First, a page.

Update (7/31/20) – As reported by CNBC, President Trump told reporters that he will ban TikTok from the United States as early as Saturday, August 1.
“As far as TikTok is concerned, we’re banning them from the United States,” Trump said.
This move will come through an executive order of another method, although Trump did not specify what course of action he would take.
As far as the reports stating the Microsoft is interested in purchasing TikTok from parent company ByteDance, Trump said “he didn’t support the reported spinoff deal.”
Original story follows.
TikTok, the Chinese-owned social media video app that is under scrutiny from the Trump administration, is reportedly in talks with Microsoft and other companies to sell itself and part from its parent company ByteDance.
As reported by The New York Times, the Committee on Foreign Investment in the United States, or Cfius, has been looking into ByteDance’s 2017 purchase of Musical.ly, which would become TikTok. It has decided to “order ByteDance to divest TikTok, and the government is currently discussing the terms of its separation. White House officials have further said that “TikTok may post a national security threat because of its Chinese ownership.”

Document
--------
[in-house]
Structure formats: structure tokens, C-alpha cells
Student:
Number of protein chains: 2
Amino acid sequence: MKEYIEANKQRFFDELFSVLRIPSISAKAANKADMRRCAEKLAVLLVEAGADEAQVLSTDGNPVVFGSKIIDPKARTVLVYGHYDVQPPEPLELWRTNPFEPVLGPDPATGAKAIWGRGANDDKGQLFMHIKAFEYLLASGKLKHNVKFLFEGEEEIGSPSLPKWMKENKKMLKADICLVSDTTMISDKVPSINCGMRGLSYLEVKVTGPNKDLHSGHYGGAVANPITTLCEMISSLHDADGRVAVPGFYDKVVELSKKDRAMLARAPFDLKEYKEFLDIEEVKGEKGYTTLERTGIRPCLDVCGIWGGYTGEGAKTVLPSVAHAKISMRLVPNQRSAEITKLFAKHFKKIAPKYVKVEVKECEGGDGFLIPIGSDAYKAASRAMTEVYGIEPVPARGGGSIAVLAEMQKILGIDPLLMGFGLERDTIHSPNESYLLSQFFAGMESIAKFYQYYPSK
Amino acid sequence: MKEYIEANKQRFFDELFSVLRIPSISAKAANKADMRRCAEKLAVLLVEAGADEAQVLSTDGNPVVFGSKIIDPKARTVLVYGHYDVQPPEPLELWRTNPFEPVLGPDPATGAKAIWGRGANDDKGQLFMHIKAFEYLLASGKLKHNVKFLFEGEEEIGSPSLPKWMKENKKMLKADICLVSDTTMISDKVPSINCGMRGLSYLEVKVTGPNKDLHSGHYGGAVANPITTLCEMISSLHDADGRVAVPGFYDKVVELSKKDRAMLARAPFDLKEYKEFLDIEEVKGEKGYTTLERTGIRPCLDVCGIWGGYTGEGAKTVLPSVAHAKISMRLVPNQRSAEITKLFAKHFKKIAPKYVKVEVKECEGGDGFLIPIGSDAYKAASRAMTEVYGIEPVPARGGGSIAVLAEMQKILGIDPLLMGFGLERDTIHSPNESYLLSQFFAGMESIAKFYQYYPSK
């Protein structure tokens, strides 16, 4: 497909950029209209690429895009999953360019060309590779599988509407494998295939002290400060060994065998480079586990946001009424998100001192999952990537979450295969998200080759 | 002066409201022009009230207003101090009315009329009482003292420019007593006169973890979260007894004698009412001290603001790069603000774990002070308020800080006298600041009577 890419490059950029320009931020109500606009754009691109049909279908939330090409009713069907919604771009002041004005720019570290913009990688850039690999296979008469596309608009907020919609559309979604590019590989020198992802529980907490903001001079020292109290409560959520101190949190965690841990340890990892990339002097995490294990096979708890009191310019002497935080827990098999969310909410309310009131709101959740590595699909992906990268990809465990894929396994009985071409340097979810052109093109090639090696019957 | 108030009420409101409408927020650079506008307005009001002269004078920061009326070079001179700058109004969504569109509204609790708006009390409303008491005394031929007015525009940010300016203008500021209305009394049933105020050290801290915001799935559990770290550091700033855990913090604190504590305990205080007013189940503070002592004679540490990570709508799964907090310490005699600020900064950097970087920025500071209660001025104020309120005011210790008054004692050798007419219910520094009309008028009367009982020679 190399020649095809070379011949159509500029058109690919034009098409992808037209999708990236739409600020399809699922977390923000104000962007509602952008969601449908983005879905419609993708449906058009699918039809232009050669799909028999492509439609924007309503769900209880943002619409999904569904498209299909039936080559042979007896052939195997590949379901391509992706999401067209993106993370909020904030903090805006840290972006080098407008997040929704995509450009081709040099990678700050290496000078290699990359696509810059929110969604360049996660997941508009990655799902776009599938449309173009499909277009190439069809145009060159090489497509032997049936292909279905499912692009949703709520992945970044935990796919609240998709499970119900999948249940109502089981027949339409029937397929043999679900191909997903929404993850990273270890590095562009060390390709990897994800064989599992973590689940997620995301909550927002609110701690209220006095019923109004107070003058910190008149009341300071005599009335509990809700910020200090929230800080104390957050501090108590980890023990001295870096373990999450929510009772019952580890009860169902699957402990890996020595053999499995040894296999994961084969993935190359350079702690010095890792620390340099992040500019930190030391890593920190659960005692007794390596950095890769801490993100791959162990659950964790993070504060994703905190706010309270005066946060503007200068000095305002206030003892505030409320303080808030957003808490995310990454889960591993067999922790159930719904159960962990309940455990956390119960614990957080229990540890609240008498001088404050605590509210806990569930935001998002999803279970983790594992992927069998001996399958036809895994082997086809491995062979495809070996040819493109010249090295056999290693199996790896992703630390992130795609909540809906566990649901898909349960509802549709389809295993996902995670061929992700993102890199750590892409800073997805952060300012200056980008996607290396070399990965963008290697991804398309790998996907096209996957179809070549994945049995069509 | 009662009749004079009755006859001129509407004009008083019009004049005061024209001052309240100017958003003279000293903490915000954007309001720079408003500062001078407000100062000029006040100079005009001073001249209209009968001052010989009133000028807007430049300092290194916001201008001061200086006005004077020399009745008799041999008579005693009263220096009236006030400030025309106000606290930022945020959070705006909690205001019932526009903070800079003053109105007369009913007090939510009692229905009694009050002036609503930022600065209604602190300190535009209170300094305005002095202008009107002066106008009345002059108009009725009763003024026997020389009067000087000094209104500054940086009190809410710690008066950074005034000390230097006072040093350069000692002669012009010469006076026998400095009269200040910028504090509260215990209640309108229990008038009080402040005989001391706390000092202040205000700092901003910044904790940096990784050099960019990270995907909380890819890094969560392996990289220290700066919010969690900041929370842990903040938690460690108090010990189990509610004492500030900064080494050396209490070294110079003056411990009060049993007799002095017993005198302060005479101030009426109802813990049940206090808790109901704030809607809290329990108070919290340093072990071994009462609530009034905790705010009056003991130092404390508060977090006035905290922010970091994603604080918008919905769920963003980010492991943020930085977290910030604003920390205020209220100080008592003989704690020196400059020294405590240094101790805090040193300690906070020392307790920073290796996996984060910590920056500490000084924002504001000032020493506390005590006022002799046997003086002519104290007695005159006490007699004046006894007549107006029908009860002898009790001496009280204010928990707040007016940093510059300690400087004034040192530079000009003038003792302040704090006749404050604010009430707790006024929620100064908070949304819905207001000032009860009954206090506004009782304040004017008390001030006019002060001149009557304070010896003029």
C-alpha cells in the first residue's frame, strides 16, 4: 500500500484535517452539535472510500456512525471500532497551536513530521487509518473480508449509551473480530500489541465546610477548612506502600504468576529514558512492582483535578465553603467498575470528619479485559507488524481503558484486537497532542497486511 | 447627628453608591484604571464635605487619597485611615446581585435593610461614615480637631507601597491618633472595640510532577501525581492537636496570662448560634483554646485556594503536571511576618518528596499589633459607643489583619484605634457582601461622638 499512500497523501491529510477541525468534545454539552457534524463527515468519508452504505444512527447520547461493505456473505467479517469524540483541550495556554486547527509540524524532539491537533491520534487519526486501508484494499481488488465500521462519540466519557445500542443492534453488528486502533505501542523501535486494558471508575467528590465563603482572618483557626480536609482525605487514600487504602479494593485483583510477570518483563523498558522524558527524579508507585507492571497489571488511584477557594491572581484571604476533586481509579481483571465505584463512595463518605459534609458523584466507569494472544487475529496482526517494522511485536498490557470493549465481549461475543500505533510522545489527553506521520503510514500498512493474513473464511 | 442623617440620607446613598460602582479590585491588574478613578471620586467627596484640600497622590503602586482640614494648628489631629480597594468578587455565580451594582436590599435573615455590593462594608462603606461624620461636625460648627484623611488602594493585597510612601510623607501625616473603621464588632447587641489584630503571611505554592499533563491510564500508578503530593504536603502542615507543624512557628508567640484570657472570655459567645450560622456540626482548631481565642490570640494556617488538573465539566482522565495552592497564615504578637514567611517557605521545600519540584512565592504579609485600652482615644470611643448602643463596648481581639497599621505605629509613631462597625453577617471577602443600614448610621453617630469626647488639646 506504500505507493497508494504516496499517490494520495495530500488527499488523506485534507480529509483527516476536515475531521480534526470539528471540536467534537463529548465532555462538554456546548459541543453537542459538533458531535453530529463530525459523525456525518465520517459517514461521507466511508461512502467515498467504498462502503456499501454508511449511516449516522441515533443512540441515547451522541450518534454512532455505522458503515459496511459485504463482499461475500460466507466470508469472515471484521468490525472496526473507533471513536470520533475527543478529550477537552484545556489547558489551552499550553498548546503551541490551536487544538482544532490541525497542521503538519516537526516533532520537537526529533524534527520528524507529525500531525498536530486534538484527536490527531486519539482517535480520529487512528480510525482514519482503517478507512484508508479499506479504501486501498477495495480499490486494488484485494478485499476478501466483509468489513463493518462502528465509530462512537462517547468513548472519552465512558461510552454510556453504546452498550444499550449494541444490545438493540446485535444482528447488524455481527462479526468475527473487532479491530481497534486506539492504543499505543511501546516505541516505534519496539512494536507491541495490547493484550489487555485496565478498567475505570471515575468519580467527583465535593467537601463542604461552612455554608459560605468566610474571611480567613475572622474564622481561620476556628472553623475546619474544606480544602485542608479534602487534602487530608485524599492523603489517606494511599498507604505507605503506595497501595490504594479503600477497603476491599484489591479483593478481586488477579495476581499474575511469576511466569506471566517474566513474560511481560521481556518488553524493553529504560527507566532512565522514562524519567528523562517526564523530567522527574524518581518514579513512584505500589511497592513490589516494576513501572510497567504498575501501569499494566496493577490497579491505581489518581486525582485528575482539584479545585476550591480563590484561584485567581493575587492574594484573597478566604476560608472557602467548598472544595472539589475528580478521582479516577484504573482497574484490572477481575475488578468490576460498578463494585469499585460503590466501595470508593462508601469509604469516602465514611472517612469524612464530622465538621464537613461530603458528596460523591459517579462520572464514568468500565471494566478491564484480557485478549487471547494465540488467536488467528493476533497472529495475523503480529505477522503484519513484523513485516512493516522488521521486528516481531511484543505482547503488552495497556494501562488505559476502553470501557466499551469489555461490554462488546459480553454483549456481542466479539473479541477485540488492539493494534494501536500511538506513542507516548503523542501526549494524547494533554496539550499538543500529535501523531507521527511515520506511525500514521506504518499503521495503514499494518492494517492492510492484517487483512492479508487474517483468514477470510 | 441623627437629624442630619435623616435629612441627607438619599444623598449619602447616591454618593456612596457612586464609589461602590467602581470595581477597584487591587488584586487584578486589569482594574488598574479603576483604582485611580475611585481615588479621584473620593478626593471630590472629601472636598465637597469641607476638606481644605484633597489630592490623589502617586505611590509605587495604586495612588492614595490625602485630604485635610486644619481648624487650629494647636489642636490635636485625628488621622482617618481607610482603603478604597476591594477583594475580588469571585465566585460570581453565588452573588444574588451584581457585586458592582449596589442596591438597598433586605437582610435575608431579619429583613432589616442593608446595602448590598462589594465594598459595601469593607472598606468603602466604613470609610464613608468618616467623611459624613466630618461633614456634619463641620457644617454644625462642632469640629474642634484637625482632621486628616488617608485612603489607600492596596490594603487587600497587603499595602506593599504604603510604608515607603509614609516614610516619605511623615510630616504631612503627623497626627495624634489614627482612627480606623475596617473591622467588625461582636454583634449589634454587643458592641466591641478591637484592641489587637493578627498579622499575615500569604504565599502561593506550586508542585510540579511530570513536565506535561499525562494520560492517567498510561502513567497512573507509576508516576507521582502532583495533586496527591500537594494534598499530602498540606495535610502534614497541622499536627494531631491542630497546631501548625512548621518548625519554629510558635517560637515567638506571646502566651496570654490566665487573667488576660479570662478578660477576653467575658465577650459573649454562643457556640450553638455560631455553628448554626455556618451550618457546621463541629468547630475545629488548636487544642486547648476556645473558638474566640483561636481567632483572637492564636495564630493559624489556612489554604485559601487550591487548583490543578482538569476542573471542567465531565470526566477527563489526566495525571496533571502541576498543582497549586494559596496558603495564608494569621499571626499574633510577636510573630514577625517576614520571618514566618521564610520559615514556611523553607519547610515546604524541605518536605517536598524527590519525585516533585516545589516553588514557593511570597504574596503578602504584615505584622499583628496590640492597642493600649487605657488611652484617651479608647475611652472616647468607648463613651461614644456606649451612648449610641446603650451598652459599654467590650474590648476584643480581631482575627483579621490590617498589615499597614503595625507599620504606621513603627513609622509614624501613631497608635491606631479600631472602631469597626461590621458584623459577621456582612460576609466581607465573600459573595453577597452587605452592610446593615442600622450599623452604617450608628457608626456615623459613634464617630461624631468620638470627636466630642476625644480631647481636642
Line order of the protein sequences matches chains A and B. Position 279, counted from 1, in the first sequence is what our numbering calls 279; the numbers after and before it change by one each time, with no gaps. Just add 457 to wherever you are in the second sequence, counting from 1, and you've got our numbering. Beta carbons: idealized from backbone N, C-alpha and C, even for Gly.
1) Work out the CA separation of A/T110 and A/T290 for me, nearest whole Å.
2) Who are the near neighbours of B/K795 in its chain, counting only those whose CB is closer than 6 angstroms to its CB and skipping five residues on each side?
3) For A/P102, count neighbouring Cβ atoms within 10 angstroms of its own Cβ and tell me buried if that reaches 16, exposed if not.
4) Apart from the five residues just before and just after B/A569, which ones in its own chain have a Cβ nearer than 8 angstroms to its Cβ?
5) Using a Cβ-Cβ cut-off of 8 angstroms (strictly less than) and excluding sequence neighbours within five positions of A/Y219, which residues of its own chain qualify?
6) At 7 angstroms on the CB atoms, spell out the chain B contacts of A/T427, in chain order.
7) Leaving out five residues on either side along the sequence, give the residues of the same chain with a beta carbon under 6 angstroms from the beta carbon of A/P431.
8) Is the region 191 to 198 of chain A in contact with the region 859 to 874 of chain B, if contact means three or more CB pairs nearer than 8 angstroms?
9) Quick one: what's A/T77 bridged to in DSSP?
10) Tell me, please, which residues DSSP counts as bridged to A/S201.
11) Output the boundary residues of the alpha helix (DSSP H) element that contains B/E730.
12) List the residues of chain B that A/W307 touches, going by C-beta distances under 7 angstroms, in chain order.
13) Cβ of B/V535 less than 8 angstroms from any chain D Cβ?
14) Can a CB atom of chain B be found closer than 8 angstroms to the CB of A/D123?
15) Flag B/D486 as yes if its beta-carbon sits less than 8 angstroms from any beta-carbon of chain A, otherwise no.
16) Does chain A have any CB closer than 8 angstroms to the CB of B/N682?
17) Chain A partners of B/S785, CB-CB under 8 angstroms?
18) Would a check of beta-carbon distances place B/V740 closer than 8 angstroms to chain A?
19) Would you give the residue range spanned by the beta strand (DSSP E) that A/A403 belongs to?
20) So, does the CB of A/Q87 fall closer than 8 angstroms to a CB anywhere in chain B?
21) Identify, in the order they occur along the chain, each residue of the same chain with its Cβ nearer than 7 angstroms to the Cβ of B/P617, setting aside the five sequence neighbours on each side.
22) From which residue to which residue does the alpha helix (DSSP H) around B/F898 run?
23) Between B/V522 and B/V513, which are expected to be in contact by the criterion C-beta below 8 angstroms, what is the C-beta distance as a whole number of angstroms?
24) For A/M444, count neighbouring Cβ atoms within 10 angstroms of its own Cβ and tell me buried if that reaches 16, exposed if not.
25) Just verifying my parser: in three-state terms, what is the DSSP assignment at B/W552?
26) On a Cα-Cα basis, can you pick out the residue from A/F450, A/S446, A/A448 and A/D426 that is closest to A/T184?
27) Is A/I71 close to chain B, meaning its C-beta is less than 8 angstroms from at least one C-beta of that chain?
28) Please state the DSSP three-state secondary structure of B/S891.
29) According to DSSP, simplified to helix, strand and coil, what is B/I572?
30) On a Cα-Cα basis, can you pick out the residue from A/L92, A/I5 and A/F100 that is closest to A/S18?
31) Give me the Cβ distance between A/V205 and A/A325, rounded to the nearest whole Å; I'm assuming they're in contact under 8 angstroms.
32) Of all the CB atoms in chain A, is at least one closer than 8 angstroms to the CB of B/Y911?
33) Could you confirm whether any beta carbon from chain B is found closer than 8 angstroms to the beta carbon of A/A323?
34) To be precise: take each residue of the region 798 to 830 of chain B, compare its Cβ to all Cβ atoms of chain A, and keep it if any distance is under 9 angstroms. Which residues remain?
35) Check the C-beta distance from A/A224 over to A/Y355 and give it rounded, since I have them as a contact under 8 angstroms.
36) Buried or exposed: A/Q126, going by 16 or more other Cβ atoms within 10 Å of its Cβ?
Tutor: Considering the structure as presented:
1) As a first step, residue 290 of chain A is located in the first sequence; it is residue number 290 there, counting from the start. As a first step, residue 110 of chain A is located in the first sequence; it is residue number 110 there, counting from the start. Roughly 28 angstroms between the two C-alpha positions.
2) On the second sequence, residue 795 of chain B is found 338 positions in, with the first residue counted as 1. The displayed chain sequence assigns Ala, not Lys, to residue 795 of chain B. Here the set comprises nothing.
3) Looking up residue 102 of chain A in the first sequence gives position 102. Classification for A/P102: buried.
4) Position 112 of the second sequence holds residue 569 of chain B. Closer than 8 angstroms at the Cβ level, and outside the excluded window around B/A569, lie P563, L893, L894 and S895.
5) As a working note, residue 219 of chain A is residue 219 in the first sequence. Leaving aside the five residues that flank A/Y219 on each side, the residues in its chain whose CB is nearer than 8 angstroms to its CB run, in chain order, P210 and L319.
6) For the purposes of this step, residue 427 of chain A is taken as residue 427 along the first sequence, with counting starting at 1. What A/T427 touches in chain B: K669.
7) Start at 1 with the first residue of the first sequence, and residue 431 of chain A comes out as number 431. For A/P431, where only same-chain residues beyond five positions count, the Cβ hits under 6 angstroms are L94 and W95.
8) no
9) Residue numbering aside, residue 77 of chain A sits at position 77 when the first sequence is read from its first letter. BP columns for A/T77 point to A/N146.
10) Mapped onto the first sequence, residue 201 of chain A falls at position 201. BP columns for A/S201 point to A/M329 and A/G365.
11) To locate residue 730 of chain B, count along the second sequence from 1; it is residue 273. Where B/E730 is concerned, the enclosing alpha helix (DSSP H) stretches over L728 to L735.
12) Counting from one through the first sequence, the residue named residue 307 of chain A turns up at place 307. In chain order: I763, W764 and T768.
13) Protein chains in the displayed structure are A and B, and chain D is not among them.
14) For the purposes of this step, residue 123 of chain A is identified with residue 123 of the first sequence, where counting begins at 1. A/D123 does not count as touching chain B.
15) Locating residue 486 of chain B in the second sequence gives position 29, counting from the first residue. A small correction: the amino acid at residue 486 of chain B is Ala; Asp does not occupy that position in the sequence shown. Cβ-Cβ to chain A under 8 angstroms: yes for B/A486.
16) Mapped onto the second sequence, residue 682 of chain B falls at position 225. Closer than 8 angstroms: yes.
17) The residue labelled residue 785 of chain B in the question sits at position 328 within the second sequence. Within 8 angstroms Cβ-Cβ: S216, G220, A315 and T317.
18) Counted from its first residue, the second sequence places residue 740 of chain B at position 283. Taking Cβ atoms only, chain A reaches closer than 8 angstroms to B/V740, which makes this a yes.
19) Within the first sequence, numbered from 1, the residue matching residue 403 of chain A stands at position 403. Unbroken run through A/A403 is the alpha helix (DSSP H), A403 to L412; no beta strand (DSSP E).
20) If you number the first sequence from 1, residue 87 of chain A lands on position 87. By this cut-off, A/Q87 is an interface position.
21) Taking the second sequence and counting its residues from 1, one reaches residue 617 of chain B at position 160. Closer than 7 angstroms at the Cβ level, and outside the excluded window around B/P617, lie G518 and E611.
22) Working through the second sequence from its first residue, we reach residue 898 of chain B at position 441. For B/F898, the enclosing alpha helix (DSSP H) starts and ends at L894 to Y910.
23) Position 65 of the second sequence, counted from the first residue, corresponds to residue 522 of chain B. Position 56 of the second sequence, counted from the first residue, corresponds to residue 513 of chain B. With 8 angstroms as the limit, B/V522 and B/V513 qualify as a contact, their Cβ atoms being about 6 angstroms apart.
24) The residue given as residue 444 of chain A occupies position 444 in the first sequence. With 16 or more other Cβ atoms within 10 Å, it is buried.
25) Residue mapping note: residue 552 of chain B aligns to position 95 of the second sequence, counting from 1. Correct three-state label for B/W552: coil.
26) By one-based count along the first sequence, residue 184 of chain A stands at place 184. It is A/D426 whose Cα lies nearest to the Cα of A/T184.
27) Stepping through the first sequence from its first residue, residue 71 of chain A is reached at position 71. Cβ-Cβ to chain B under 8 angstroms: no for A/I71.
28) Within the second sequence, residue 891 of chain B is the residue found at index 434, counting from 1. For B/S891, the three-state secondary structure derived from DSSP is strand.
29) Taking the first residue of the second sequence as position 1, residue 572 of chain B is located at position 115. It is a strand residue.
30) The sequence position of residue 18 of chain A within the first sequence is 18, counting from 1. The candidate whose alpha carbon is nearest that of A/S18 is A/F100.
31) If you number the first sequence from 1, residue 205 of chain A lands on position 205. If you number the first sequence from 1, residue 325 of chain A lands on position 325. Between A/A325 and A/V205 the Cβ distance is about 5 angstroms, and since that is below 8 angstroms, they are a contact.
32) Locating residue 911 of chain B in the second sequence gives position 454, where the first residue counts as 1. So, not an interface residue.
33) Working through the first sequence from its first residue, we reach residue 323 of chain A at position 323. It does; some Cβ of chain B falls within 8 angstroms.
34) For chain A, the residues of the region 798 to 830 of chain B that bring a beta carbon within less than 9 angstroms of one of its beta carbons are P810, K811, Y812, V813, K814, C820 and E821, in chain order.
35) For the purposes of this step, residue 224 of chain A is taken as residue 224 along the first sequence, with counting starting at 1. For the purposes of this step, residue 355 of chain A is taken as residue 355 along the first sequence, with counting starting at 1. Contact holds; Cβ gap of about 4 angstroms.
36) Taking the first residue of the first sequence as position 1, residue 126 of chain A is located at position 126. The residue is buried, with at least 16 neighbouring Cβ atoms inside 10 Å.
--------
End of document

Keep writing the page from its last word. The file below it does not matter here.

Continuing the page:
It is unclear if President Trump, who has been informed of the investigation, will focus the divestment order on TikTok’s American operations or if it would include its more global business as well.
Another option Trump could exercise would be using “the vast powers of the International Emergency Economic Powers Act to bar certain foreign apps from American app stores.” Furthermore, the Trump Administration is also considering if it should add ByteDance to the “entity list,” which would bar it from purchasing American products and services without a special license.
TikTok has explores other options to avoid a sell, including having a non-Chinese investor, like Sequoia Capital, SoftBank, and General Atlantic, purchase a majority stake from ByteDance.
ByteDance’s current valuation is around “$100 billion,” according to research firm PitchBook, so any deal would indeed be a big one.
TikTok’s issues have been going on for months at this point, as lawmakers and the Trump administration have “questioned whether the app is susceptible to influence from the Chinese government, including potential requests to censor material shared on the platform or to share American user data with Chinese officials.”
“It is well established at this point that apps that have granular access to user data and location and other sensitive personal data are very much on the radar of Cfius and can cause significant national security concerns,” said John P. Kabaelo, a lawyer who represents companies in Cfius reviews.
TikTok is currently used by more than 800 million people worldwide, and TikTok’s Chinese offices have “swollen to thousands of employees.” TikTok also has offices in New York and Los Angeles.
TikTok has tried to fight these accusations and change its course, and has taken such action as hiring a top Disney executive, Kevin Mayer, to be its chief executive and pledging to publicly reveal the “algorithm that powers its app.”
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